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A Confidence Conundrum

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By Peter G Hall
Vice-President and Chief Economist Export Development Canada

Just over a week ago, it was Super Tuesday for consumer confidence. Numbers were released for the UK, France, the EU as a whole, and the US. The data fluctuates with the ups and downs of the news streams, like stock market corrections, the Greek fiasco, geopolitical incidents, and brighter-than-expected economic releases. The big news on both consumer and business confidence is passé. It has long since left the doldrums of the post-crisis period; it recovered long ago. So why didn’t the world economy recover along with it?

To put things in context, let’s quickly review the recent odyssey of confidence. After riding high, confidence collapsed as the economic and financial crisis hit the world. American consumer sentiment plunged to levels not seen in recent history; they could best be labeled depressionary readings. Recovery ensued, but only to recessionary levels, and they parked there for years. In Europe, similar initial moves, but in their case, stimulus brought a normalization of confidence that was short-lived. When the reality of stagnant growth set in, there was a re-weakening of the collective psyche, potentially more damaging than America’s protracted funk. It was a great day smack in the middle of 2013 when US consumer confidence crossed the ‘normal’ threshold, and moved solidly north. The timing was similar for Europe, quite in spite of its nagging constraints. So, why no economic effects?

No one doubts the necessity of confidence to the operation of an economy. Without it, fractional banking systems implode. Mere rumours of a shortage of key goods are enough to create a run on the retail distribution system, whether the rumours are true or not. Confidence governs movements of critical financial variables. Indeed, central banks were created primarily to guard and protect – read: instill confidence in – the value of the local currency. In many more facets of life, confidence is critical.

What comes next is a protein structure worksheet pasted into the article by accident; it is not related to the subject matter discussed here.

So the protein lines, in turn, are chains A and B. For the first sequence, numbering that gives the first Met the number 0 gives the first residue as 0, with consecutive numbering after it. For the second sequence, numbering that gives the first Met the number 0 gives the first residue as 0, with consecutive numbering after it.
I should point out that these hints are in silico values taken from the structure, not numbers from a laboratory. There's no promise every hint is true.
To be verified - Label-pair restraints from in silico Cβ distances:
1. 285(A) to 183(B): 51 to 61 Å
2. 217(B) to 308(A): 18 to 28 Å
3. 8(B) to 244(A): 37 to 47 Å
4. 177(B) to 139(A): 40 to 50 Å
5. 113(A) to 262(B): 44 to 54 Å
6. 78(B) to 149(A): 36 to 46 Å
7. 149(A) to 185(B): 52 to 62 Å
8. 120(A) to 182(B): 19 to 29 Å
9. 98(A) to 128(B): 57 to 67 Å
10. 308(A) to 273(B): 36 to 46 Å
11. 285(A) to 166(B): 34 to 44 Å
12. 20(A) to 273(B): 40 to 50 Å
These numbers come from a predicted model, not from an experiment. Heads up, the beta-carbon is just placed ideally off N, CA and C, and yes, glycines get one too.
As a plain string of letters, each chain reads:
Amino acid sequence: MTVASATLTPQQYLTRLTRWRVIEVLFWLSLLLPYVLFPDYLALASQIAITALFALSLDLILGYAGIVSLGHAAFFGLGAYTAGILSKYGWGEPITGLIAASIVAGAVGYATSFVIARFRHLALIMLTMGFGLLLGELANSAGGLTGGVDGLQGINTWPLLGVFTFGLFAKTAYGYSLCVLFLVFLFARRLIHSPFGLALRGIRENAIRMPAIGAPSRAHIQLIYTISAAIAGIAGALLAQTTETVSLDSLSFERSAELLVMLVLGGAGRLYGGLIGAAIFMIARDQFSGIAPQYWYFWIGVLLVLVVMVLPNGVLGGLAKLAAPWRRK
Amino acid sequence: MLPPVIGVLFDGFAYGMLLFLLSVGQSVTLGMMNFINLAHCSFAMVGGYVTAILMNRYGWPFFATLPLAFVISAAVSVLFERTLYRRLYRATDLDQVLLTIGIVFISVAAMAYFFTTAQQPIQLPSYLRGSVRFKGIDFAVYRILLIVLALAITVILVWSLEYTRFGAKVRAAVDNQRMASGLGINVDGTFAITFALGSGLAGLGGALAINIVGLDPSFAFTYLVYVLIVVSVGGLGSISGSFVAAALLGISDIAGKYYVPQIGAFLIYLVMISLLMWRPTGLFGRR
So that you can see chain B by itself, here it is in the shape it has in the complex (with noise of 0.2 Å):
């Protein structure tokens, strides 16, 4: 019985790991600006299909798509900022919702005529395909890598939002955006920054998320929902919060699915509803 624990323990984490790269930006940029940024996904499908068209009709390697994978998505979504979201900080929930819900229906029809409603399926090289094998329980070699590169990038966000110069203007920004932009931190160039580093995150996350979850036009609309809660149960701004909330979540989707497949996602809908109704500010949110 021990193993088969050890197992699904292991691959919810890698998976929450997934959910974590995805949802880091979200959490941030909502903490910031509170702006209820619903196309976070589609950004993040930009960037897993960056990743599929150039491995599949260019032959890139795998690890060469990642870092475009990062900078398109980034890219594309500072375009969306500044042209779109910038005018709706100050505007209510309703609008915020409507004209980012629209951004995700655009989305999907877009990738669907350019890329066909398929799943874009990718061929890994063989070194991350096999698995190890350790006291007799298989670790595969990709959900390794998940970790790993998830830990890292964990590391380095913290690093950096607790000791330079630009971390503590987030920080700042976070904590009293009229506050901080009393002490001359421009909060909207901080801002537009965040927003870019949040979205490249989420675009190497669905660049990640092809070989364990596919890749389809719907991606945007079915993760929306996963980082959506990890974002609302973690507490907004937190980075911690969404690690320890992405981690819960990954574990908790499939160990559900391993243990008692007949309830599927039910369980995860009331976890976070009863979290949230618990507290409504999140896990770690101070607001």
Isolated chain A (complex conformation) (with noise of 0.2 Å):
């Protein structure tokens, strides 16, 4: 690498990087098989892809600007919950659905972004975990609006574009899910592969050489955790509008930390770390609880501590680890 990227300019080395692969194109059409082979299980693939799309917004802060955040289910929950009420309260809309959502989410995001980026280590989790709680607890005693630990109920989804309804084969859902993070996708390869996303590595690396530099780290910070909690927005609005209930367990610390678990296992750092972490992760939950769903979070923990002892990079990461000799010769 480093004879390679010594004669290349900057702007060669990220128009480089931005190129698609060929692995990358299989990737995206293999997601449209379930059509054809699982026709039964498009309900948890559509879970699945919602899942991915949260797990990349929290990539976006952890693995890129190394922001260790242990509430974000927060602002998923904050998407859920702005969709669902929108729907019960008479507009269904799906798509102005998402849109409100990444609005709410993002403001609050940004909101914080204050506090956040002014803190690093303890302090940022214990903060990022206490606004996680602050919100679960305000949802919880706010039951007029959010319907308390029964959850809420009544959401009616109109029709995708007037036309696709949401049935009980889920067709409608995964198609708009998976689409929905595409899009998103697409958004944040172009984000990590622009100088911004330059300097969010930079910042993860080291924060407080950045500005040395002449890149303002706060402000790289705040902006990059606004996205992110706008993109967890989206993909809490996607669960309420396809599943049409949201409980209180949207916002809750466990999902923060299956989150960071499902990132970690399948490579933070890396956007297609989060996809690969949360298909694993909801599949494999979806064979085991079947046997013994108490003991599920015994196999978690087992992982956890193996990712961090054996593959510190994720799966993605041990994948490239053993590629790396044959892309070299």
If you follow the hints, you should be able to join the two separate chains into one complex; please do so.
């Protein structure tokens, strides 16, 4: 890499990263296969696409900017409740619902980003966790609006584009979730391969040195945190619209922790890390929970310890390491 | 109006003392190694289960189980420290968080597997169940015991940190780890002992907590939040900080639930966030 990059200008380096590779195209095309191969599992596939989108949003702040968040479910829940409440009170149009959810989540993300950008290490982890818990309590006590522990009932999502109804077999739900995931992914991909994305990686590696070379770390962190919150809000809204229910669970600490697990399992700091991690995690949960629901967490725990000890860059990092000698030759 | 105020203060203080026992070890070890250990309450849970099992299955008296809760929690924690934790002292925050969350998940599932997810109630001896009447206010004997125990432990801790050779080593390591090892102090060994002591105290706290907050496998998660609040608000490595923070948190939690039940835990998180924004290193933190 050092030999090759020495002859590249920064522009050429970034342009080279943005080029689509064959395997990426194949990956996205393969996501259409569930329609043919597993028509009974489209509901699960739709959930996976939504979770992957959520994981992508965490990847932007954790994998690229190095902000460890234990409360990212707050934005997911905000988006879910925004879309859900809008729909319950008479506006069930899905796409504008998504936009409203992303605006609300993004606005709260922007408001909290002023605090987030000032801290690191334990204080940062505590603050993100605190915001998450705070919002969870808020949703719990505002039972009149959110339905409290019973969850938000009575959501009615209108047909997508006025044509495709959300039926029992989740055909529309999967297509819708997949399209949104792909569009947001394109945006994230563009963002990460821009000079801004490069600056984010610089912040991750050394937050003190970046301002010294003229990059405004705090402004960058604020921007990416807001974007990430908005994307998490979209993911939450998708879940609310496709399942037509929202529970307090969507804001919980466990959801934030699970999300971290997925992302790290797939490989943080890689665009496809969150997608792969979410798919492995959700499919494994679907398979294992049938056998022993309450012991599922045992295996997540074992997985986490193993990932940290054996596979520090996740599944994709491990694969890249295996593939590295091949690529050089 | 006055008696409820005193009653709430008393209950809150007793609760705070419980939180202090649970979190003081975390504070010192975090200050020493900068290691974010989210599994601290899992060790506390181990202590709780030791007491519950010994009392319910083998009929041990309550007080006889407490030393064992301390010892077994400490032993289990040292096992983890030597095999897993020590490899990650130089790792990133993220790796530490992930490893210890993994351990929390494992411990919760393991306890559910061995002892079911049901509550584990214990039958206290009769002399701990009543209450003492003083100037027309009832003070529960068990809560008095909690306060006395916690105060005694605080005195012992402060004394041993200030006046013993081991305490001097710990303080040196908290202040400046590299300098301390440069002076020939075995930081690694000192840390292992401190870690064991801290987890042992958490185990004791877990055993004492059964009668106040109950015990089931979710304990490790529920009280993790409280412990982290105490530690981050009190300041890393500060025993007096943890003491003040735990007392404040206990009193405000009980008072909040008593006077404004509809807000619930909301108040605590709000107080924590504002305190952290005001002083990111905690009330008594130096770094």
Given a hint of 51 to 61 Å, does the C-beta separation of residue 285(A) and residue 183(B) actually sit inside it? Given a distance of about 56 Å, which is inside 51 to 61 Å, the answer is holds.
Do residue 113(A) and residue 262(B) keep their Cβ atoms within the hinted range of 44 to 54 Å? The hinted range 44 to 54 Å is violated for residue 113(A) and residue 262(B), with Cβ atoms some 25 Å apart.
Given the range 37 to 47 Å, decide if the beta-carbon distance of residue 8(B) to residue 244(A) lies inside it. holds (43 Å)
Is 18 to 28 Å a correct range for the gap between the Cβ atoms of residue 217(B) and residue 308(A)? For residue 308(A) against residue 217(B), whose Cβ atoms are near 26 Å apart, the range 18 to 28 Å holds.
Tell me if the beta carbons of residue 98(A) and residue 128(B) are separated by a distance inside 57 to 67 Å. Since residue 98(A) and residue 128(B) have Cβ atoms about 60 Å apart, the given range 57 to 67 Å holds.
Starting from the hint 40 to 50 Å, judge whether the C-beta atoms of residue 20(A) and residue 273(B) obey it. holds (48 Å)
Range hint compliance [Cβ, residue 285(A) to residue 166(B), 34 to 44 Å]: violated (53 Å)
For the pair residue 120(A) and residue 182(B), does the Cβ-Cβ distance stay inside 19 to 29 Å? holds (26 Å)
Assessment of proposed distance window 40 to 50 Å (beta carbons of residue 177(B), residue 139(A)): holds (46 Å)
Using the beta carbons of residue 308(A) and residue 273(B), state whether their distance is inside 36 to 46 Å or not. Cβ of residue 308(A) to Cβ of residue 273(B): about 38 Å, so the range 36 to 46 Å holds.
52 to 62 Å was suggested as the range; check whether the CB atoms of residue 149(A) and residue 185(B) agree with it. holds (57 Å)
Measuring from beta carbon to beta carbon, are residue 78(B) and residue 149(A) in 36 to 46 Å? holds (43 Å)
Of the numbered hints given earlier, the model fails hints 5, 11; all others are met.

However, confidence is less easy to pin down than tangible movements of goods and services, prices, and a host of other variables. Its weakness is subjectivity. Confidence always and everywhere has a context that is determined by a complex set of inputs. Consider the post-Depression context. Consumers and businesses might have registered confidence once the worst was over, but the shock of seeing wealth evaporate permanently changed the meaning of confidence. It certainly wasn’t a return to no-holds-barred ‘roaring ‘20’s’ confidence; it was far more measured. Similarly, today’s confidence has etched in it the scars of our recent crisis and multiple years of frustration afterward. In spite of the indexes, jitters remain. Companies and consumers have money, but they are holding on to a lot more of it than they really need to.

There is also an age dimension to confidence. It’s not measured, but there are anecdotes aplenty. The young are victims of a jobless recovery. The aging are less employable, and their savings are having a hard time earning a decent yield, thanks to low interest rates. It’s quite possible that aggregate confidence is selective, and under-represents the disaffected.

The subjectivity of confidence also has an intergenerational element. Culture changes, and with successive generations, confidence means different things. Sure, the questions on the surveys are the same, and they are as simple as possible. But different generations can have varied opinions of what words like ‘better’ and ‘worse’ really mean.

Whether or not these reasons are definitive explanations, what currently stands is a confidence conundrum: by all indications, sentiment has improved on a broad basis, but the economy is not taking the bait. There’s little doubt that it will, and if the past is any guide, it’s likely to happen in one giant rush. But today’s void between confidence and activity has a sinister underside: any significant disruption of current activity, such as it is, could provoke a sudden retrenchment of confidence. If sustained, it would be close to the last thing our structurally-precarious post-crisis economy needs.

The bottom line? Confidence is an economic grey-zone. You certainly can’t have growth without it. But today’s data show that you can have it, and not necessarily see solid growth. That makes it a necessary but not sufficient condition of growth. Let’s hope that our collective gut-feel proves to be well-founded.


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